A look inside Mie Yokouchi’s studio in Yamanashi Prefecture, Japan.
Although I’ve been filling in the blanks, so to speak, on the different makers that we stock in the shop, some have yet to have been featured on the site so I wanted to highlight a few exclusive photos in this post today.
Japanese artisan Mie Yokouchi creates her urushi works by applying mugi-urushi (a mixture of flour and lacquer) on linen cloth and Japanese paper to create a strong base. After applying multiple layers using wood powder and soil powder mixed with lacquer, Yokouchi then strips off the core mould, usually made with wood or clay, that is used to create the piece. Yokouchi’s goal is to be conscious about lacquer culture and hopes to continue the skills from past generations, but at the same time making works of art that can be cherished by others in modern scenarios.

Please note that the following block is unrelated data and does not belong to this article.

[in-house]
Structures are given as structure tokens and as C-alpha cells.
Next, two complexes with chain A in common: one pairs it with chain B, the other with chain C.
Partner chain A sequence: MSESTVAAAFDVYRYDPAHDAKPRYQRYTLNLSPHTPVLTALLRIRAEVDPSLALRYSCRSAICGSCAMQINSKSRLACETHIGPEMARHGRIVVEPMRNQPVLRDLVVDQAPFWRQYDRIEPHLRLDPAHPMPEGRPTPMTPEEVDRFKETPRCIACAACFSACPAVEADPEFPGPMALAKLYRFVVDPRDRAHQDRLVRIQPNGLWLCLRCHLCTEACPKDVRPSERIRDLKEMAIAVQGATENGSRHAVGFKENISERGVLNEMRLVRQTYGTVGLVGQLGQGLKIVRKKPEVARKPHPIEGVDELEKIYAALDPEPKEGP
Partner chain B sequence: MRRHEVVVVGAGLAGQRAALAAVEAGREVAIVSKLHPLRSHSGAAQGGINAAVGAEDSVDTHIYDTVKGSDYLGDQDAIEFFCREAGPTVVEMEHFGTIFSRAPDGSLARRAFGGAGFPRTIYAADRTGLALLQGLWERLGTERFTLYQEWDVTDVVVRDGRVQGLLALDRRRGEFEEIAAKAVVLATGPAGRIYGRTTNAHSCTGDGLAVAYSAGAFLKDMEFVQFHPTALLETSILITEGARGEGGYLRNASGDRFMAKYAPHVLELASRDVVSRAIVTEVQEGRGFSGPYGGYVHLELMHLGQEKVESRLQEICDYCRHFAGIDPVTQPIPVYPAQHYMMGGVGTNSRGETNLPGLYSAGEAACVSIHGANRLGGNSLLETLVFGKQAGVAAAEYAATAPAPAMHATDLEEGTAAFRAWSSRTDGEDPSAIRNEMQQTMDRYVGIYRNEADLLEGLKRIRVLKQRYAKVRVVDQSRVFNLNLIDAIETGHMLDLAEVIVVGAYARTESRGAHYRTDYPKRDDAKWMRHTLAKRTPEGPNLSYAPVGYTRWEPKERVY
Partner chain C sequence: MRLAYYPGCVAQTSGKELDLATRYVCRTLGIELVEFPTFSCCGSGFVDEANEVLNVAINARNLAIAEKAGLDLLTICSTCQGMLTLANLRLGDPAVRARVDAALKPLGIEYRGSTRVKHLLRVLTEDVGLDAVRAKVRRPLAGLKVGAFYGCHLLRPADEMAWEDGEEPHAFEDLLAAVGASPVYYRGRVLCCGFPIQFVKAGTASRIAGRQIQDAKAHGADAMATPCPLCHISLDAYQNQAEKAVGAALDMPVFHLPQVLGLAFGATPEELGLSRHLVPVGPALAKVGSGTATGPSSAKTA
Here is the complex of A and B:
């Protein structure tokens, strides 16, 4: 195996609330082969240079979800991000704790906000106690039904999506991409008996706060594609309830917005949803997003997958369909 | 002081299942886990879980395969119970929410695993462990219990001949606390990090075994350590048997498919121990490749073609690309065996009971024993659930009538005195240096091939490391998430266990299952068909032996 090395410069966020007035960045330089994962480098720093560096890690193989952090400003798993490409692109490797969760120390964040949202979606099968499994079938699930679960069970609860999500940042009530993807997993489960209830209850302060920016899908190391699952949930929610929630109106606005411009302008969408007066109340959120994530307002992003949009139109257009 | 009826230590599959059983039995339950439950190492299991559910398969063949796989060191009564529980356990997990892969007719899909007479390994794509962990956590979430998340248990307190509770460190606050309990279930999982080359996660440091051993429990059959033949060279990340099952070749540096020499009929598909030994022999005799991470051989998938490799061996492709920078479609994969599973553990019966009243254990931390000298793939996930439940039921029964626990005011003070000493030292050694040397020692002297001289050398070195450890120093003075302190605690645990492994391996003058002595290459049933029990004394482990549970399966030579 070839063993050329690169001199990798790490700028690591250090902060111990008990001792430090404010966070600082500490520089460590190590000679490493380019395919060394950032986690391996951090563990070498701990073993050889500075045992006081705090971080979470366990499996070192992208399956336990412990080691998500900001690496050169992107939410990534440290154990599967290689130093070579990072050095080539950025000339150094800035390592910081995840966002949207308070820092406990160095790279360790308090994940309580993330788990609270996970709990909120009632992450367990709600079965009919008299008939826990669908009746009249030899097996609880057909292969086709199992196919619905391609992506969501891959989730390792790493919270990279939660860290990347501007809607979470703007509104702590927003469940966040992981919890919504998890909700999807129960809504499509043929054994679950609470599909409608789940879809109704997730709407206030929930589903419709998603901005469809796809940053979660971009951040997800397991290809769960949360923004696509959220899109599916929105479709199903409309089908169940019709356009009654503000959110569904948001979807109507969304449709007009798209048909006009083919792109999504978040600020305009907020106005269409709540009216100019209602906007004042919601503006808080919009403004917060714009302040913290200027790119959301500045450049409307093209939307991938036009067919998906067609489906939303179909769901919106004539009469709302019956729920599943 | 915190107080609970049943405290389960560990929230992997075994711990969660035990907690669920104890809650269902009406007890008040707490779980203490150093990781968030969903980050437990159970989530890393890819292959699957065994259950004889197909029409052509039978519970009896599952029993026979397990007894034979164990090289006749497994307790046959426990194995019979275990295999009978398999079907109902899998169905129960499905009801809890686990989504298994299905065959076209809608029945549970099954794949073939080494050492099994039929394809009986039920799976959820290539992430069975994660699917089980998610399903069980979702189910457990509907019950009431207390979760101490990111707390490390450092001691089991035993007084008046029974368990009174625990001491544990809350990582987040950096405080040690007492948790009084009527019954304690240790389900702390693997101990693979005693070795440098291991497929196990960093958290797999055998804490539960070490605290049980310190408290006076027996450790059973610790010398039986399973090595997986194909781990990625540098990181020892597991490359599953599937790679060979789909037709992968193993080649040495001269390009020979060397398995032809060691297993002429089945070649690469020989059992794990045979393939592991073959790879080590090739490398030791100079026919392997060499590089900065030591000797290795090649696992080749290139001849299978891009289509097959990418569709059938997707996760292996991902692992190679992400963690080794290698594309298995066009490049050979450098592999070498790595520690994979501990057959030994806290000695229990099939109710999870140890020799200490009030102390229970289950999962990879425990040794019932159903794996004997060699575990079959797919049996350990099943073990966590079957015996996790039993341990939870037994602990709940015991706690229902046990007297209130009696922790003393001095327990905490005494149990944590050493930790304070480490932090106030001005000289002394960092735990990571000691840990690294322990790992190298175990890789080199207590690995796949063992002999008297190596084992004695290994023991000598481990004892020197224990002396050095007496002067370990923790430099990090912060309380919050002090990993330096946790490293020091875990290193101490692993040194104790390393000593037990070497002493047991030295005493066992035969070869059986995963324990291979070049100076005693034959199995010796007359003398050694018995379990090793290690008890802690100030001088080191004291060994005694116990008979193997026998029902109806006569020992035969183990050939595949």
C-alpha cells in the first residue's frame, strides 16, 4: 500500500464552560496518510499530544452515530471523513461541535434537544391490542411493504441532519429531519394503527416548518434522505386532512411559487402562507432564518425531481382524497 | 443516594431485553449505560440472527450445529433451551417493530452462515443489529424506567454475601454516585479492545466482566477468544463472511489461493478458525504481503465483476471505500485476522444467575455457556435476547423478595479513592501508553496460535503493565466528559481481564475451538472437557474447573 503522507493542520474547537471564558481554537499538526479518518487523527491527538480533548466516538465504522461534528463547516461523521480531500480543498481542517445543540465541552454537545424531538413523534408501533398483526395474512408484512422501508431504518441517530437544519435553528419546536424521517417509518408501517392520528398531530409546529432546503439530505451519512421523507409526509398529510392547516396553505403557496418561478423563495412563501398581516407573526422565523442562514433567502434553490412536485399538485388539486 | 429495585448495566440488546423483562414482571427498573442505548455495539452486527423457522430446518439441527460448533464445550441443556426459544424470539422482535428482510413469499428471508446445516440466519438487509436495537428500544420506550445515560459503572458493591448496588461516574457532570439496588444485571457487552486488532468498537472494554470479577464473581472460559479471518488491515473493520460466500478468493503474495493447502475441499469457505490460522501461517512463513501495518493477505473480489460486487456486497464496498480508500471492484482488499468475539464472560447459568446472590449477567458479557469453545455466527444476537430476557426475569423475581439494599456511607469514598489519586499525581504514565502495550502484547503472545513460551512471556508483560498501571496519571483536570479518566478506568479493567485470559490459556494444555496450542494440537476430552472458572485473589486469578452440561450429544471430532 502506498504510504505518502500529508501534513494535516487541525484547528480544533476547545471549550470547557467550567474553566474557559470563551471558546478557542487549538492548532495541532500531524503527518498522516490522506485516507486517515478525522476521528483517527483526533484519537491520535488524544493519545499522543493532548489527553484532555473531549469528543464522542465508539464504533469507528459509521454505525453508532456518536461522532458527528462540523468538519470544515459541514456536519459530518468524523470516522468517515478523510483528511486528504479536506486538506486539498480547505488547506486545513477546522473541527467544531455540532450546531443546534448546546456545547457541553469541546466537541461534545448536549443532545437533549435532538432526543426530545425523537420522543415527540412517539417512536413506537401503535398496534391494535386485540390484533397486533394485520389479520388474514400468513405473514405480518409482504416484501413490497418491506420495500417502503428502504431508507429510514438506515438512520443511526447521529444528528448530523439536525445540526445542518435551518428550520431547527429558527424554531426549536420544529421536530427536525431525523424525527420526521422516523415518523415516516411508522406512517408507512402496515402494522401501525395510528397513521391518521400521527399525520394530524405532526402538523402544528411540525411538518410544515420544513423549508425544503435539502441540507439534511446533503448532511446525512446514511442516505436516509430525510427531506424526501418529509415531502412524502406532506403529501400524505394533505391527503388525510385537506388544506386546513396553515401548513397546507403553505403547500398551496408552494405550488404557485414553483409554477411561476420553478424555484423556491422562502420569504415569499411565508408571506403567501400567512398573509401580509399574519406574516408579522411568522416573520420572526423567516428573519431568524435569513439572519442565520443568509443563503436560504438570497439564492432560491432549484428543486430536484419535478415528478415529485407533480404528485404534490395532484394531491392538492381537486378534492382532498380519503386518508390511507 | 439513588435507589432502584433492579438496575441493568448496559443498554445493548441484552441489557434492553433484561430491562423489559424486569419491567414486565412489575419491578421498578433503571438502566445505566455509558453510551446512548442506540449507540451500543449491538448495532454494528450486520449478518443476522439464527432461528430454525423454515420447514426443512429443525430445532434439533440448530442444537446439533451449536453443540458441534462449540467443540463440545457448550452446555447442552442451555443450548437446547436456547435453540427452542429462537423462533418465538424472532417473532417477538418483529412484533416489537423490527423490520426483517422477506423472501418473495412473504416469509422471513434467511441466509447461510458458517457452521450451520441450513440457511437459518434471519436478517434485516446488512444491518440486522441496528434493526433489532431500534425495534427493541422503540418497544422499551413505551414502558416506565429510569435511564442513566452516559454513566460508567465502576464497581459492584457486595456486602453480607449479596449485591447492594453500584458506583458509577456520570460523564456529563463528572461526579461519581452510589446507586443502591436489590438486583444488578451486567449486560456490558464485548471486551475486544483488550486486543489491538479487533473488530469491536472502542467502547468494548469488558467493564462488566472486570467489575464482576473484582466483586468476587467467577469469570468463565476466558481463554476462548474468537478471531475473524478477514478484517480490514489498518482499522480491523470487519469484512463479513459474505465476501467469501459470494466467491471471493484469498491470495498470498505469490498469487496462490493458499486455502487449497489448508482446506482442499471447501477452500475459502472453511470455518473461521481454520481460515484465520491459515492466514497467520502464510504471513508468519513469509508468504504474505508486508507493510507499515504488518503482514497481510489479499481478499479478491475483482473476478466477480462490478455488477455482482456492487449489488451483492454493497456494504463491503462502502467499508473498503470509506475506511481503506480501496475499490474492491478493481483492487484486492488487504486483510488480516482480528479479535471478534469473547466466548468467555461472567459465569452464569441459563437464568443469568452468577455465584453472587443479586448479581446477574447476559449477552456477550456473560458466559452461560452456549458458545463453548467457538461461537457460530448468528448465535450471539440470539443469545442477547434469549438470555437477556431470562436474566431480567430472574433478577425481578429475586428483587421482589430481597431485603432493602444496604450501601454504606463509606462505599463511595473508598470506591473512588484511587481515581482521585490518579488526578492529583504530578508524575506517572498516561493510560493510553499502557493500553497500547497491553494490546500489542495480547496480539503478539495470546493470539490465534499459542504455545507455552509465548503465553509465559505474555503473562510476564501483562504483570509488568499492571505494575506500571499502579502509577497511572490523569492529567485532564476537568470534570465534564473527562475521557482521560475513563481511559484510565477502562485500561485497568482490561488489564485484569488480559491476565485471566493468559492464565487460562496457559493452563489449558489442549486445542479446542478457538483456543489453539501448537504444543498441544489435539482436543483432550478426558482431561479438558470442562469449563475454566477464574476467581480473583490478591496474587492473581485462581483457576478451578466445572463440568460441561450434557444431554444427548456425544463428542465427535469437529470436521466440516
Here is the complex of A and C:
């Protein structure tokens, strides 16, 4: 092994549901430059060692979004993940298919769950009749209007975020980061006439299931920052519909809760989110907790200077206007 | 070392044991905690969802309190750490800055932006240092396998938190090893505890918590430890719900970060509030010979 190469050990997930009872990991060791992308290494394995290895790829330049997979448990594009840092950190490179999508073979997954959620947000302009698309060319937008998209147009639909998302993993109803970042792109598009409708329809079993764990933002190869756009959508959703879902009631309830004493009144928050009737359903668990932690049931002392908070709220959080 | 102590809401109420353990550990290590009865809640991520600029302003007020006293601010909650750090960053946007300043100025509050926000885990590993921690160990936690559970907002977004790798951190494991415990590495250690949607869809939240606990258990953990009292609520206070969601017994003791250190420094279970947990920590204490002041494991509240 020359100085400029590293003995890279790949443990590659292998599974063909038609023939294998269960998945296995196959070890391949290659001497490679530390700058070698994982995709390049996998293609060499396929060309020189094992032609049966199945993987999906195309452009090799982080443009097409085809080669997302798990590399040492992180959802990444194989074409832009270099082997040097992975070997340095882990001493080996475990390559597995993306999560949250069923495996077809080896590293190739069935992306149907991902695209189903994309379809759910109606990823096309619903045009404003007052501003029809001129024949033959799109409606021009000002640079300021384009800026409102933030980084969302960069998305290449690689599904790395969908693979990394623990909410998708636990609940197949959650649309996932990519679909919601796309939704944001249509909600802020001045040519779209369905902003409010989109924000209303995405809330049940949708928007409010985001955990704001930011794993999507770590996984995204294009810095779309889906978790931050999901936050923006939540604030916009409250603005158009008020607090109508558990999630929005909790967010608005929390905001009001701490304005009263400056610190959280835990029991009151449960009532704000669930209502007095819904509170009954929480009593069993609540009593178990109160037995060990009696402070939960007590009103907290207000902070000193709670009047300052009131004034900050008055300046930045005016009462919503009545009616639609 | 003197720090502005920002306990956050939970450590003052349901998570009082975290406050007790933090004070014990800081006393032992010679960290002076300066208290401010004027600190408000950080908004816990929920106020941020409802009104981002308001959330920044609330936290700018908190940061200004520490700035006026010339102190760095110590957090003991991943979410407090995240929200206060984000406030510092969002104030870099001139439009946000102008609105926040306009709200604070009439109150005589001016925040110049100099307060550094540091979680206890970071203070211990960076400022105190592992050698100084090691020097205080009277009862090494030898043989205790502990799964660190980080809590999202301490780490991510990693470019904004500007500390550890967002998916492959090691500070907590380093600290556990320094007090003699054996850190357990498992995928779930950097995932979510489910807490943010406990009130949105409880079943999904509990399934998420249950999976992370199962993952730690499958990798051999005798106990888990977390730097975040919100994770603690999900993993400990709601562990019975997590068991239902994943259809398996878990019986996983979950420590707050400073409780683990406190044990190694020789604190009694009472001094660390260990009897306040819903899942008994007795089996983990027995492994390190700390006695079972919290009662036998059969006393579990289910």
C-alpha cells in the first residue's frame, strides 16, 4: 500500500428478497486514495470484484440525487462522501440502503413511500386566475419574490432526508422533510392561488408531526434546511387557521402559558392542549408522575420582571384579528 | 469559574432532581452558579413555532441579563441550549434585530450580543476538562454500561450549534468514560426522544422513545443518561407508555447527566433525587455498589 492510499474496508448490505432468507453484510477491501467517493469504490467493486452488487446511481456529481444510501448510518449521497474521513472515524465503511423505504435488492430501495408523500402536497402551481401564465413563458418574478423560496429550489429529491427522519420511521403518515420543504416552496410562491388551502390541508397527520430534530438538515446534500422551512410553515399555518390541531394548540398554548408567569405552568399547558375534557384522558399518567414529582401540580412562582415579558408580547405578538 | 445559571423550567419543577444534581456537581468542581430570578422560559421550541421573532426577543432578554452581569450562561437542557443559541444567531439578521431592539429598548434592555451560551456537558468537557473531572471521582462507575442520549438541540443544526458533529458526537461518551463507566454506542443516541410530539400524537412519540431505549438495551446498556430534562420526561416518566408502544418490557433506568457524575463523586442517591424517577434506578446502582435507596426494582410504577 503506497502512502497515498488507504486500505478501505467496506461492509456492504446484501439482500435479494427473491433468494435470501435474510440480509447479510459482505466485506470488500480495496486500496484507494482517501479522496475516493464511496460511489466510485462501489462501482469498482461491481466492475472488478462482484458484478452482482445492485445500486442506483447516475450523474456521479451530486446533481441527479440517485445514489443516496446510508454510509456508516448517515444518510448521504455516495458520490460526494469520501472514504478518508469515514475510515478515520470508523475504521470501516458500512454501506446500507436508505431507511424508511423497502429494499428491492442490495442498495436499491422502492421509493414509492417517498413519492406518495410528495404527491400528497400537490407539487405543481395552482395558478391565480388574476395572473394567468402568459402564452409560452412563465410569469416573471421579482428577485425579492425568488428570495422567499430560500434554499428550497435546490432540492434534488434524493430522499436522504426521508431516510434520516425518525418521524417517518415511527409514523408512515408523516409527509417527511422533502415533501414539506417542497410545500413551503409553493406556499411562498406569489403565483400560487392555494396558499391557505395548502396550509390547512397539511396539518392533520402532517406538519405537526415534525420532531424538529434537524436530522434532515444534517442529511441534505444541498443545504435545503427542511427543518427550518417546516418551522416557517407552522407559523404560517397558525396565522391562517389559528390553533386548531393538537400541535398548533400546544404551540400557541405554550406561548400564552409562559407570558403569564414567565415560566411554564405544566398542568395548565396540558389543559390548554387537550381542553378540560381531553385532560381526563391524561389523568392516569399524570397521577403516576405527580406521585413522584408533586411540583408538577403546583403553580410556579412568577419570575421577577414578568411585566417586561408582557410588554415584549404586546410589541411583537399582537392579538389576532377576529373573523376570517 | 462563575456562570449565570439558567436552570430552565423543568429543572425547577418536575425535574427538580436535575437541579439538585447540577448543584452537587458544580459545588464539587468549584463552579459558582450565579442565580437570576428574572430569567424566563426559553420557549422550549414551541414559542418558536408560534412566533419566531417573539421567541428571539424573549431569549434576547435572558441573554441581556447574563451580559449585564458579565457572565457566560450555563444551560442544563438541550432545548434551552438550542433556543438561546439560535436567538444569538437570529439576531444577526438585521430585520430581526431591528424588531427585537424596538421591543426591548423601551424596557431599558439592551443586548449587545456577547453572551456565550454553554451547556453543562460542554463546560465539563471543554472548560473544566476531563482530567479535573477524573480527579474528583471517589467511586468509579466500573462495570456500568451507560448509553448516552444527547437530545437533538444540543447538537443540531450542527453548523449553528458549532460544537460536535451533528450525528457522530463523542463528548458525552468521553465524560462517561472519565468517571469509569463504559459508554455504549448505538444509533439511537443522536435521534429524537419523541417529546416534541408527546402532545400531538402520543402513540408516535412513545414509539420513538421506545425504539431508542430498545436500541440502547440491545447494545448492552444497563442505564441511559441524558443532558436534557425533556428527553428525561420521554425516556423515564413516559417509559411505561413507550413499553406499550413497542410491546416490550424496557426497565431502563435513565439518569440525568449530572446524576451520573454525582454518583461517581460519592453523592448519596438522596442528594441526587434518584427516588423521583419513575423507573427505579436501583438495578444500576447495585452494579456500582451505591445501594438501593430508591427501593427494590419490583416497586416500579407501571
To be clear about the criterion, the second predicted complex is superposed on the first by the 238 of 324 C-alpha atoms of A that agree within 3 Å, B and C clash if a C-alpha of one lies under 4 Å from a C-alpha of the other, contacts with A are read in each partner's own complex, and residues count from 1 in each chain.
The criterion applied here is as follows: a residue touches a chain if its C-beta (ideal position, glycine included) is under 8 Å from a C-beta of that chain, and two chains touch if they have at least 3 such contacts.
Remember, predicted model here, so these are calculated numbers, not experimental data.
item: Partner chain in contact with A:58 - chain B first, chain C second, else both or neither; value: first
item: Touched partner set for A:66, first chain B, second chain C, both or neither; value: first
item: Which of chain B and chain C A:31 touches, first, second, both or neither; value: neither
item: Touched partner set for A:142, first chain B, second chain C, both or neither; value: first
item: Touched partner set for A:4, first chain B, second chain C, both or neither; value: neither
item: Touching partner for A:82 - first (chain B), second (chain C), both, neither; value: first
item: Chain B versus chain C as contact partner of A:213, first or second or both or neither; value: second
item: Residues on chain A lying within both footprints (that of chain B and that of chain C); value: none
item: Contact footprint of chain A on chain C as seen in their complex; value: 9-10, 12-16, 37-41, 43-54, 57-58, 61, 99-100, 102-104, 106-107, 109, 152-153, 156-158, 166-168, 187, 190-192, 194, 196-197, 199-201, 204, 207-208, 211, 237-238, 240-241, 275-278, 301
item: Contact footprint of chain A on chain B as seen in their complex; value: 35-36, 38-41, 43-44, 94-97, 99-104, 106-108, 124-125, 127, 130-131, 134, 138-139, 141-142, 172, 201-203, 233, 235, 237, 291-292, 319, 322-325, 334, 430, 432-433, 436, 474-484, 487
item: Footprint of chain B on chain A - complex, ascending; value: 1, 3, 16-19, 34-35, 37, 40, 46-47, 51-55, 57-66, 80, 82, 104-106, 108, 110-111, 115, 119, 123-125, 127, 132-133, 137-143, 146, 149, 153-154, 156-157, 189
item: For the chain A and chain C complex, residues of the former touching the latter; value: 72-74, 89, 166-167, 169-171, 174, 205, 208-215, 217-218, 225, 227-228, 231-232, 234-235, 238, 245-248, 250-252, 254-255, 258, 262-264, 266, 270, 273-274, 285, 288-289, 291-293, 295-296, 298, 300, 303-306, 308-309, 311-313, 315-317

These photos here present a little glimpse at a few of her processes and give you an idea of how these one a kind items are constructed. Objects that might seem “everyday” at first sight are actually very rare and are beautifully crafted by hand. I always feel a close connection with the maker when holding these spoons and her small bud vases. Works by Mie Yokouchi can be found in our shop.
Japanese cloth that is used to construct Mie Yokouchi’s lacquer objects.
Some of the materials in her environment, this is a clay body and a selection of hemp cloth.
She layers on top of these wooden moulds to act as a starting point for her spoon collection.
Here Mie has created the spoon shape, she will now refine this and add lacquer.
A finished large ‘dry lacquer’ spoon, can be found in our shop.
Small Curved ‘dry lacquer’ spoon, can be found in our shop.